A woman named Yehudit (Judith) played an important part in the story of Chanukah.
Shulchan Aruch (Lit. 'The set table') [Orach Chaim 670 - the authoritative Code of Jewish Law], states: "There are those who say that we have the custom to eat cheese on Chanukah to commemorate the miracle when Judith fed cheese to the enemy."
Yehudit's story describes the heroism and determination of a woman fighting
for her nation's freedom.
Yehudit was an exceptionally beautiful woman. She asked to be introduced to
the Syrian-Greek General Halifornus, who was impressed with her beauty and
wisdom. At their meeting, she offered him very salty aged cheese and
strong wine which she brought with her. The salty cheese made him very
thirsty and he drank much wine which put him into a deep sleep.
With a silent prayer on her lips asking Hashem for strength, she beheaded him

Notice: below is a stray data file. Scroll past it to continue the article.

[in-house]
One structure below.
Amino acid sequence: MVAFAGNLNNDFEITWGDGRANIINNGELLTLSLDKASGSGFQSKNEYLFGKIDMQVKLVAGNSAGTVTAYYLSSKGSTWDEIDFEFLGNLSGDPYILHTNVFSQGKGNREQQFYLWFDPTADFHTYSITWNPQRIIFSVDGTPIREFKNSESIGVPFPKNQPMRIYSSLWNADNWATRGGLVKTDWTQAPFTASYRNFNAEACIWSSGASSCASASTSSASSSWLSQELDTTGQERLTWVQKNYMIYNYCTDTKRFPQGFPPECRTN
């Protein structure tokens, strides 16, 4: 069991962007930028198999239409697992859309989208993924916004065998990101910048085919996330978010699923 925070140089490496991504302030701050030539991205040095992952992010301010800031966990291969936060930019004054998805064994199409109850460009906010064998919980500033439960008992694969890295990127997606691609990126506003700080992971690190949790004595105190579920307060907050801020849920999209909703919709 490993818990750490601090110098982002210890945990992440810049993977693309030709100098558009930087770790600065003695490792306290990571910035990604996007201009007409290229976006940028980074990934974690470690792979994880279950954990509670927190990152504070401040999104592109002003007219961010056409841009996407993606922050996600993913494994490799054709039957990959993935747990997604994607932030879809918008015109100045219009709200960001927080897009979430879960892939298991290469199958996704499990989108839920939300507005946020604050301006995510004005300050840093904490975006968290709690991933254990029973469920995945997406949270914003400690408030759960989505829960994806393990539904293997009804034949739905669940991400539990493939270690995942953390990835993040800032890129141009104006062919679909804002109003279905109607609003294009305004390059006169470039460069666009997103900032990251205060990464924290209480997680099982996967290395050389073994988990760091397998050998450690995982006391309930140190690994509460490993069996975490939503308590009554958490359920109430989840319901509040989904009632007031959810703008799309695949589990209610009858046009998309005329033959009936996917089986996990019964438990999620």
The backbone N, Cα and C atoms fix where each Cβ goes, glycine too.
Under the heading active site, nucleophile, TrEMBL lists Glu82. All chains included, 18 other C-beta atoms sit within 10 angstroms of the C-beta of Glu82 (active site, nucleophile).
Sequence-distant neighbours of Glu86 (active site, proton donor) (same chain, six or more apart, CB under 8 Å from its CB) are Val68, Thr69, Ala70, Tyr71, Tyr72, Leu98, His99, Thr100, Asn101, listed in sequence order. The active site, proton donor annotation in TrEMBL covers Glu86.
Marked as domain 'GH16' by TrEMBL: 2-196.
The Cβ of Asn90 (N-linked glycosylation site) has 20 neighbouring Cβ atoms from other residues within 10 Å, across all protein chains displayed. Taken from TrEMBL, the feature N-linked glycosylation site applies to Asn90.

with his own sword, placed his head into a basket, and returned with it to
Yerushalayim (Jerusalem). The Macabees placed Halifornus' head on a pole. When his
soldiers saw that their general was dead, they became frightened and ran
away. Thus, Yehudit contributed greatly to the victories of the Macabees.
To commemorate the heroism of Yehudit, many women refrain from working
while the Chanukah candles remain lit. Some have a custom to eat cheese on
Chanukah in remembrance of Yehudit's brave act which came about as a result
of serving Halifornus cheese.
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